The approach of Phyllis Trible in her book Texts of Terror is a sophisticated attempt to grapple with this very question.(10) She reviews four particularly gruesome narratives. The first is the story of Hagar, the Egyptian maid who bears Abraham's son Ishmael but becomes the innocent victim of rejection (Genesis 16.1-16; 21.9-21). The next is the account of the rape of Tamar, princess Judah, by her brother Amnon (2 Samuel 13.1-22). Trible's third text is the harrowing tale of the betrayal, rape and dismemberment of an unnamed concubine from Bethlehem (Judges 19.1-30). And then, finally, there is the story of the sacrifice of Jephthah's daughter, in fulfilment of the father's foolish vow (Judges 11.29-40). Trible is not concerned to rehabilitate her 'texts of terror', in the sense of demonstrating that they are positive after all. On the contrary, she presents them in all their darkness, calling the reader to identify with biblical women both in their oppression and in their struggle for freedom. These four texts are themselves undeniably 'negative', and yet Trible enables an engagement with these biblical narratives which is both profound and challenging.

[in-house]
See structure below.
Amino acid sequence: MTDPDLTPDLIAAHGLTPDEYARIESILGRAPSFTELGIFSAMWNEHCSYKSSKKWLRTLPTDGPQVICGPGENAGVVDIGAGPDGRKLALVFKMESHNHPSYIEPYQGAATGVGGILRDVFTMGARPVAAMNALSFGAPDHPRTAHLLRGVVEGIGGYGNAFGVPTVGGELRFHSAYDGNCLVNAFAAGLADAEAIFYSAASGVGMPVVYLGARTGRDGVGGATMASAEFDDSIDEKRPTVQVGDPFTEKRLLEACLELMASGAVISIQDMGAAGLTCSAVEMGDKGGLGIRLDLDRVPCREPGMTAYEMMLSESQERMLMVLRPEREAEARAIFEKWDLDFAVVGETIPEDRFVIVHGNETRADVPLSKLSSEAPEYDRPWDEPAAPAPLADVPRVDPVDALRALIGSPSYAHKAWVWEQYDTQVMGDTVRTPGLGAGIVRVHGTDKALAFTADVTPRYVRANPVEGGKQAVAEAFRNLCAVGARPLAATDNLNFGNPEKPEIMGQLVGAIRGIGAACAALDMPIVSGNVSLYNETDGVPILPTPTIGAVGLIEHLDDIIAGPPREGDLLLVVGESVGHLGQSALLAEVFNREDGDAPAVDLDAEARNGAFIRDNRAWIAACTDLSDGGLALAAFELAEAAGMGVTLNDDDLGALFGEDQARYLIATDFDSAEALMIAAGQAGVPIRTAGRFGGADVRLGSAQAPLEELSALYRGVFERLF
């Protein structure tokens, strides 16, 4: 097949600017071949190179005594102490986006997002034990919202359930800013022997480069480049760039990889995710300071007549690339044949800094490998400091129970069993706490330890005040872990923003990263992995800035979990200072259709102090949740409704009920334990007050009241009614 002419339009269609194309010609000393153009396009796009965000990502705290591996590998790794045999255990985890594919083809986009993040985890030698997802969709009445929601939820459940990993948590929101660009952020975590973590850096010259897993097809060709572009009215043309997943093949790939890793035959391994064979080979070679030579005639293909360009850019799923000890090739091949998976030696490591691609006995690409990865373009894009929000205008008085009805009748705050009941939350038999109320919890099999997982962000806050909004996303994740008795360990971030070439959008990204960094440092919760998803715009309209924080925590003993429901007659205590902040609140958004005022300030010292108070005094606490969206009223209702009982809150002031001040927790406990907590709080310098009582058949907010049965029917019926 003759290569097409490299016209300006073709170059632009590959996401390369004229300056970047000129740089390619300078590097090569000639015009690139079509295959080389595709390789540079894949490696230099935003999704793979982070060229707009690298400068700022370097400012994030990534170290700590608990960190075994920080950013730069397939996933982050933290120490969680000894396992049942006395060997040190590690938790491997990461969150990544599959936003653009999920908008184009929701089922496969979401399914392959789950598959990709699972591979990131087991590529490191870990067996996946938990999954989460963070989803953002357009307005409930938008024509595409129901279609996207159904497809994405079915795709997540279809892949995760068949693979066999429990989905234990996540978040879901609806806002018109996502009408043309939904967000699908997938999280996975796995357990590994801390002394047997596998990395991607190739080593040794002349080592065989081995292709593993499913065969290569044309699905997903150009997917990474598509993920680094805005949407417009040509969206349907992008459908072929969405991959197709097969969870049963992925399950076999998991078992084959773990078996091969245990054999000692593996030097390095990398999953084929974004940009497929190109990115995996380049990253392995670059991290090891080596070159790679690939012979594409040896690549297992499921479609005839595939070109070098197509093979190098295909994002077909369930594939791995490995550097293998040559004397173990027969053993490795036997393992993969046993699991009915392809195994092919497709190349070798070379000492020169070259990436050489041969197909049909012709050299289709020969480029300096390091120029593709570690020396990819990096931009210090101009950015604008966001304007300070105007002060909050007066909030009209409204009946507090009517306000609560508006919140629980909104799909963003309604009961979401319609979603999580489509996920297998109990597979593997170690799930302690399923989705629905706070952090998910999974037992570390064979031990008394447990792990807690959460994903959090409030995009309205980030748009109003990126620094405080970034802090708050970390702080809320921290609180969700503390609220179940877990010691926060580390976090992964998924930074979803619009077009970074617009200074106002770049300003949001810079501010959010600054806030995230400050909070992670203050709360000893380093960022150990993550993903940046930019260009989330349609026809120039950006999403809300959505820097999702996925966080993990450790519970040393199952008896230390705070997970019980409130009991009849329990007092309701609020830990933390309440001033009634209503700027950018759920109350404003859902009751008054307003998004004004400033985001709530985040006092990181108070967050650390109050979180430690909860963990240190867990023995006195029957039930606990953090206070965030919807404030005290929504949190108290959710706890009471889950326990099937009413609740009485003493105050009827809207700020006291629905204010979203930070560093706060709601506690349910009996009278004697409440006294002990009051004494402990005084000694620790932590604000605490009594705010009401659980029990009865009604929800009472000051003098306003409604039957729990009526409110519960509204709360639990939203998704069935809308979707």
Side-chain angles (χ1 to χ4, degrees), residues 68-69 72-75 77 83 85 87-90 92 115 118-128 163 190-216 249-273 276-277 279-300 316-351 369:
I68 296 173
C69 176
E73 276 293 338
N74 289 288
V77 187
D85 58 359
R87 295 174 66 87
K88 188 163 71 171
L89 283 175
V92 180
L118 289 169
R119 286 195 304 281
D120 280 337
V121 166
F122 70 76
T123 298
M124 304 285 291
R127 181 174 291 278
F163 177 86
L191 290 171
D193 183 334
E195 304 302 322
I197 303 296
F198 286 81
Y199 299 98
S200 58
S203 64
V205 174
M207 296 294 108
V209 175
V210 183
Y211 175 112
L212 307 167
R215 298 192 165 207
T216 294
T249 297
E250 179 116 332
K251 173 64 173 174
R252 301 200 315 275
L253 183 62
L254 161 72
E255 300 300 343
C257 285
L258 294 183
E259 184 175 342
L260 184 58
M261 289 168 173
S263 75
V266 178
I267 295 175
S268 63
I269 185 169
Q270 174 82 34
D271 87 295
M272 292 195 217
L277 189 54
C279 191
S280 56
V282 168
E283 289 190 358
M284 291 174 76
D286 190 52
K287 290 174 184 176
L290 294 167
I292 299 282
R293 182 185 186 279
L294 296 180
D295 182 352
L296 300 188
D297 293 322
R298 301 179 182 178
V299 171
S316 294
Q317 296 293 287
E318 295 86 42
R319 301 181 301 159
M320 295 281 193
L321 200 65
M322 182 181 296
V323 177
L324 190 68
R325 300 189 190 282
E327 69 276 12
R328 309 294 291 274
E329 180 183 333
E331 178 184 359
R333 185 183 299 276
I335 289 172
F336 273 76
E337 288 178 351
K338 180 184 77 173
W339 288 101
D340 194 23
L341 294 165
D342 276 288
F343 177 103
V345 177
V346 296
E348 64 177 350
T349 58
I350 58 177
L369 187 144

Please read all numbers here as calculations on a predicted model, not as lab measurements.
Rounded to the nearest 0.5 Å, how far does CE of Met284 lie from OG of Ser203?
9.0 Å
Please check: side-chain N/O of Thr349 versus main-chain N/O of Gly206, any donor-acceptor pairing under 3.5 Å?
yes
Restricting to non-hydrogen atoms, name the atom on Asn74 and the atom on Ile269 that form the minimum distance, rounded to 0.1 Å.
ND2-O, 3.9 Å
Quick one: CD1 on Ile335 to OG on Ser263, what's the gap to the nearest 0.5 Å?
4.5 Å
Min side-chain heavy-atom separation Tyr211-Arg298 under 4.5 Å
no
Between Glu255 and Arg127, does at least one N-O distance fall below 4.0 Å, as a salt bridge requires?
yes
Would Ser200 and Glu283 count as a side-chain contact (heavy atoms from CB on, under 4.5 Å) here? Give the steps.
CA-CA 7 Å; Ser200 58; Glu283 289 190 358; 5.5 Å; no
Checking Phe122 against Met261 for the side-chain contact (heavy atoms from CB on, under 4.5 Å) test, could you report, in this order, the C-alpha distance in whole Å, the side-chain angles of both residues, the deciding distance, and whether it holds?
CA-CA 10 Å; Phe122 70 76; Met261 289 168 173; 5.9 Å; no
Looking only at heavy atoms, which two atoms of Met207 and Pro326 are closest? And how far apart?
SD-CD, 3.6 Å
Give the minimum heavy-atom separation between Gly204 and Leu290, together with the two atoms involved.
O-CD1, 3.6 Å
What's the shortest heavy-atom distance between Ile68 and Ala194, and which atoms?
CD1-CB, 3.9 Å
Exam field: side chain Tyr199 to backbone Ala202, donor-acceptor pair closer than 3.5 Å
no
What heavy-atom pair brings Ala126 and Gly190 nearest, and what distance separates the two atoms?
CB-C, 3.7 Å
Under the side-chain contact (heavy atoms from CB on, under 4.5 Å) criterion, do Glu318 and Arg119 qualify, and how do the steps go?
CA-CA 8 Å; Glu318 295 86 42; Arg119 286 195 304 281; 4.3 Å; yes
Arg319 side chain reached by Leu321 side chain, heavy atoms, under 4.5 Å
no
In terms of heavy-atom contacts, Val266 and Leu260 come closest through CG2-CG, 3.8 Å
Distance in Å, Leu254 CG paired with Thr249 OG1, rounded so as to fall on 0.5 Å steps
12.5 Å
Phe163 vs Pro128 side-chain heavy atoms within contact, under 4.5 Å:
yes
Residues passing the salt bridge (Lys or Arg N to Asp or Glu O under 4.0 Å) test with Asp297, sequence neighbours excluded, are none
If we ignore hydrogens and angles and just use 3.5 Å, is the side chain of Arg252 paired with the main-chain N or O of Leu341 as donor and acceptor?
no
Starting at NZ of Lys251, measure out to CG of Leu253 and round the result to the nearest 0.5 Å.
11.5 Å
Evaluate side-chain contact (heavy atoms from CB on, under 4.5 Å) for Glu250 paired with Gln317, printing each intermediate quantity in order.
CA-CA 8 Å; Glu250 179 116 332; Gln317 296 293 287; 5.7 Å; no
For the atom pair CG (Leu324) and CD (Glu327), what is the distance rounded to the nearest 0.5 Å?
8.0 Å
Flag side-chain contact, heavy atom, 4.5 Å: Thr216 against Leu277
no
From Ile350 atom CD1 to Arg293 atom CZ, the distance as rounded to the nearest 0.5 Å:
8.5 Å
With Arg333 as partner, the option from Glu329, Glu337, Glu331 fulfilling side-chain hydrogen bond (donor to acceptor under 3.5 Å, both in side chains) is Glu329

We have mentioned the attempt to discern and highlight more 'positive' themes. We have also seen that even 'negative' passages can, in a sense, be used positively. But given that both 'negative' and 'positive' themes are to be found, how are they to be related? Can we find any criteria which might help us to order these diverse biblical materials?